It’s a sad day for those who appreciate journalism. The Rocky Mountain News has published its last edition.
For the last decade or so we’ve been hearing about newspapers folding. It has been easy to write that off as “bad management” and “being unwilling to move with the times” and other such things. Unfortunately, that trend has now reached the newspapers that are the bastions of all that is right about journalism. The Los Angeles Times, the Philadelphia Inquirer, the Boston Sun and the Chicago Tribune are just some of the major papers in bankruptcy. The reason we recognize the names of those papers is not just because they’re from big cities, it’s because they have done stellar work over the years.
Read the story about the Rocky Mountain News. (Online, of course.)
Obviously, the times have changed. We get much of our news online these days. And I’m one of those people. I haven’t subscribed to a newspaper for decades. Yet, if something is happening in town that I want to know about I go online to the newspaper’s website. Where would I go if that weren’t there?
I realize I’m part of the problem, but so far no one has created a way for me to be part of the solution. If they charged me a few pennies every time I wanted to read a story I’d be happy to pay it. But you’re going to have to make the search function really good so I’m getting what I really want. And I’m not going to pay a buck for one story, when a subscription only costs $10 for a month – it’s not like music that has repeat value. It’s that whole fairness issue of how much is any one story worth compared to how much is in the paper as a whole. It then becomes an issue of how many things are you covering that people want to read about. Charge me more for huge, massive pieces – maybe as I read, so I know if it’s worth continuing to pay for.
But I don’t want a subscription. I don’t want the physical paper in my space. I don’t want to create that much environmental waste. I’m not at all interested in huge parts of what the newspaper prints, and I’m unwilling to pay for that. A prime example is that there is an entire section devoted to sports. I don’t care about sports. Automatically I’m tossing 1/2 to 1/3 of a product I’ve just bought. What kind of sense does that make? None. You wouldn’t accept it with any other product. I think this is why niche publications are not suffering while general products are.
Make it simple – you know how many words are in any given edition because computers will tell us that now. If a newspaper costs fifty cents, charge me a fraction of that based on how many words I want to read. If the newspaper really costs far more than that (which it does in reality) then come up with what it really costs and start charging people a fair and accurate amount. But don’t punish me for reading online by wanting me pay a greater percentage of the costs.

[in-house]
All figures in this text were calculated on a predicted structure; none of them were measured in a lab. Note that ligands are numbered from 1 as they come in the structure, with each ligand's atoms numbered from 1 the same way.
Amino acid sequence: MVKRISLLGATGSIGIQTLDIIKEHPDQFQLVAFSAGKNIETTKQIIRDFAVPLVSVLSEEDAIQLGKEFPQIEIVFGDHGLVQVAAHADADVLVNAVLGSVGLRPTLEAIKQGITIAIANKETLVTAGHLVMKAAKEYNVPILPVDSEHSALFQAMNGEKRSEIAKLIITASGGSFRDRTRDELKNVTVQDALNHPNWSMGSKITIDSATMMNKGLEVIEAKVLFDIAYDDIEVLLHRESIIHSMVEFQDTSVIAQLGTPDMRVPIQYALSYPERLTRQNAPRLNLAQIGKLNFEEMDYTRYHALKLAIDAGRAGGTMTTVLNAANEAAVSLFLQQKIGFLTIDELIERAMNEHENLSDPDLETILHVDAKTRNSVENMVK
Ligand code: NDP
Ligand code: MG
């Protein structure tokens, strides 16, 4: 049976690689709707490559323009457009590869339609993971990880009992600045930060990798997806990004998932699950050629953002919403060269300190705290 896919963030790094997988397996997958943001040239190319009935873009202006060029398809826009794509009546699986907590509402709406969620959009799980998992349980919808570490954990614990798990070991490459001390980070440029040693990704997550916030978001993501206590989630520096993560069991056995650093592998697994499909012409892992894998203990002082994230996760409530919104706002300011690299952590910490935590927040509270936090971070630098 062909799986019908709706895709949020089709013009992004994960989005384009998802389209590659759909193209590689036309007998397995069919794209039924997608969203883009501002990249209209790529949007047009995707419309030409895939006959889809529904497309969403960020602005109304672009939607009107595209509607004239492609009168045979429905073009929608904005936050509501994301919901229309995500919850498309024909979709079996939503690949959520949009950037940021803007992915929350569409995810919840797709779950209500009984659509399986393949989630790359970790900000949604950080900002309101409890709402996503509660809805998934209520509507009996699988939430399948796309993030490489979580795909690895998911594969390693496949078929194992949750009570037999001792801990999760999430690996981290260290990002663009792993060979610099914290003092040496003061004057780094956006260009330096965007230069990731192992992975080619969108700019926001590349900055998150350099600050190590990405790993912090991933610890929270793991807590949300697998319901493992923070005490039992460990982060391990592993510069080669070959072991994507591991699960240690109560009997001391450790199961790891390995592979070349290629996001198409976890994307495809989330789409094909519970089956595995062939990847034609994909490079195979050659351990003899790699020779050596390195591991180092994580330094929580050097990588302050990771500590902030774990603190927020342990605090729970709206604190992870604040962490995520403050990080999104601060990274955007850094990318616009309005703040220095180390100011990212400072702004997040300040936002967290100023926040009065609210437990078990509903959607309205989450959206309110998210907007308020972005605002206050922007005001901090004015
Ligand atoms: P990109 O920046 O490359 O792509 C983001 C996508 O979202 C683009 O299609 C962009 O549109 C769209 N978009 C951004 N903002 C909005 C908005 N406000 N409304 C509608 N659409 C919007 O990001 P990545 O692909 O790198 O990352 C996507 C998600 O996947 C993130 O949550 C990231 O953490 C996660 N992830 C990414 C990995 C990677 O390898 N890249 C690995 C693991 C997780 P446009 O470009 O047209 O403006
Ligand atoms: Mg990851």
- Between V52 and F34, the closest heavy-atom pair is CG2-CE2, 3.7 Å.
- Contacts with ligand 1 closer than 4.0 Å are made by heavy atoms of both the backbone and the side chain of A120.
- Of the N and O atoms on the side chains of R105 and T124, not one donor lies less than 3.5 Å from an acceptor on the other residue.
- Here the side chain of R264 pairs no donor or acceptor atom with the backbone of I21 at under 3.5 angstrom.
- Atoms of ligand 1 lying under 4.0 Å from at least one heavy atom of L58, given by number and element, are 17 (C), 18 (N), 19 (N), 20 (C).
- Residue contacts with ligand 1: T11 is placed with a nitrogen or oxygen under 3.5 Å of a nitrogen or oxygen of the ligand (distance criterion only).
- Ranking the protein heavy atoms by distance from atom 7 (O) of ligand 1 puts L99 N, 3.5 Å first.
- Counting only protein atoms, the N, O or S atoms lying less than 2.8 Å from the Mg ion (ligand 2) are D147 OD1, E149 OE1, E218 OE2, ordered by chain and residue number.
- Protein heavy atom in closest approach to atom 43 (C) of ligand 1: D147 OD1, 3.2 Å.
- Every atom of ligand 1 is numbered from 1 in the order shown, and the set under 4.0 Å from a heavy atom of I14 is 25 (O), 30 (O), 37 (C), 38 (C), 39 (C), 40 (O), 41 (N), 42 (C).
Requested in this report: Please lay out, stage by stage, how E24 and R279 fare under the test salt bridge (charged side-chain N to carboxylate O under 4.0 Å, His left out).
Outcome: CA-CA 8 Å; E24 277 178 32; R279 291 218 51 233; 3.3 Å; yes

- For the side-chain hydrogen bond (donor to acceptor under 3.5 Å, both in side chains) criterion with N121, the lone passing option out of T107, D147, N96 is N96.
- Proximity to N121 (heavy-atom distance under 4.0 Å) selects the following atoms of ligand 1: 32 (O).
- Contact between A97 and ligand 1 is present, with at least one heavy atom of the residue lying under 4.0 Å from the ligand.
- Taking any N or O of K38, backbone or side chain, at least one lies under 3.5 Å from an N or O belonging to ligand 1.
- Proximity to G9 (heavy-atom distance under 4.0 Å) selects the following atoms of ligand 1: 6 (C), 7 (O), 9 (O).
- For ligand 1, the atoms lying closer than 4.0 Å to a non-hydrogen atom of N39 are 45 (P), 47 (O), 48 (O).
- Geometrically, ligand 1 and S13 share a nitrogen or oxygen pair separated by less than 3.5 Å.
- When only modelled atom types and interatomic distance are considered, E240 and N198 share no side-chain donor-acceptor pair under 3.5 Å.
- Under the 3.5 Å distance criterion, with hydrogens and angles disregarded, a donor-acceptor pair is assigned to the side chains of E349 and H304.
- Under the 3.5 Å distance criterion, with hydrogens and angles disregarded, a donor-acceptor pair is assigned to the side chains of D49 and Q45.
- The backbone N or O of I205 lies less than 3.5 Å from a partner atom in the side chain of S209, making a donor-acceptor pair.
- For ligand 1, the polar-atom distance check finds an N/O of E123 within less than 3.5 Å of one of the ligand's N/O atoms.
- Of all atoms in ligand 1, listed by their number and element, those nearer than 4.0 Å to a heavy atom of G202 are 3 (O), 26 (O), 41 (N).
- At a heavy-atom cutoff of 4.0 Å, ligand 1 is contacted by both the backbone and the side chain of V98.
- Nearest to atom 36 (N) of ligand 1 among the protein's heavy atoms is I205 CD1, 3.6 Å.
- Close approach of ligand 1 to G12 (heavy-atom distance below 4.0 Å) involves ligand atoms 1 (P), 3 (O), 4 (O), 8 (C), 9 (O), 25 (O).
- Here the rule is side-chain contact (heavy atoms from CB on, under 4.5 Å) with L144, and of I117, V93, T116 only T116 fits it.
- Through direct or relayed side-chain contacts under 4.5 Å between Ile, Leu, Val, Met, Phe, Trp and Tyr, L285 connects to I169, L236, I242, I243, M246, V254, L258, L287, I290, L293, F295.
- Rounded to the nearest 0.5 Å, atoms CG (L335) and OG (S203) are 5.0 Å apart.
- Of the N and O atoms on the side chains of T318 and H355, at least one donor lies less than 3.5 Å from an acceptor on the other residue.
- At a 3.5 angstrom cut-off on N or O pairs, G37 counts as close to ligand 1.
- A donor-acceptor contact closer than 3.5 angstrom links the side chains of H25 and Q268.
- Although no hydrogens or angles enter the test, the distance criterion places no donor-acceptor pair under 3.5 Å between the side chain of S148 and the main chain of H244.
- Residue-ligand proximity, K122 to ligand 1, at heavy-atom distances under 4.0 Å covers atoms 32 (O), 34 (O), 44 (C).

And… hey… free advice for newspapers who are trying to do the charging online thing. Those of us who read online do not want a subscription. If we did we’d get the paper delivered. That is making it easy for you, not for us. You really, honestly, have to think differently. You’ve just moved your antiquated idea from the real world to the online world. It’s not working in the real world – consider why that is instead of just importing it into another format. You need a new idea. I’m giving you one above. I’m not saying it’s the best one, but it’s one.
The ugly truth that newspapers haven’t wanted people to know for a very long time is that subscriptions don’t support the paper – they just provide a way to count readers. The money comes from advertisers. And, the really ugly truth is that newspapers put down the ads they have and fill in the rest of the space with news. But, much of that advertising money isn’t coming in now. It’s going to other things – like online sources.
A free press is essential to a free country. I’m sure of that. “Free press” doesn’t necessarily mean newspapers of course, but other forms of the press are going to have to step up their game to fill in for newspapers. I’ve been a journalist for radio stations, TV stations and newspapers – they are different animals with different approaches. That’s not to say radio and TV stations are not doing “real” journalism, but the way stories are covered is different in each medium because each has different limitations.
I’m a huge fan of the internet, but I’m careful about where I get my “news” from. Any bozo can write anything they want on the internet. I know. I’m one of those bozos doing that every day. Of course, what I’m writing is opinion and it’s obvious because of the format. And when I do venture into something resembling “news” I follow standard journalistic practices. But, I’m not sure everyone is as selective in what they consider “truth.” Of course, people read “The Enquirer,” too. So, there you go.
We’re making a new world. We just don’t know what it looks like yet.
However, I feel certain that at some point in my lifetime the pendulum will swing back and it will be cool to subscribe to an ink on paper newspaper again.
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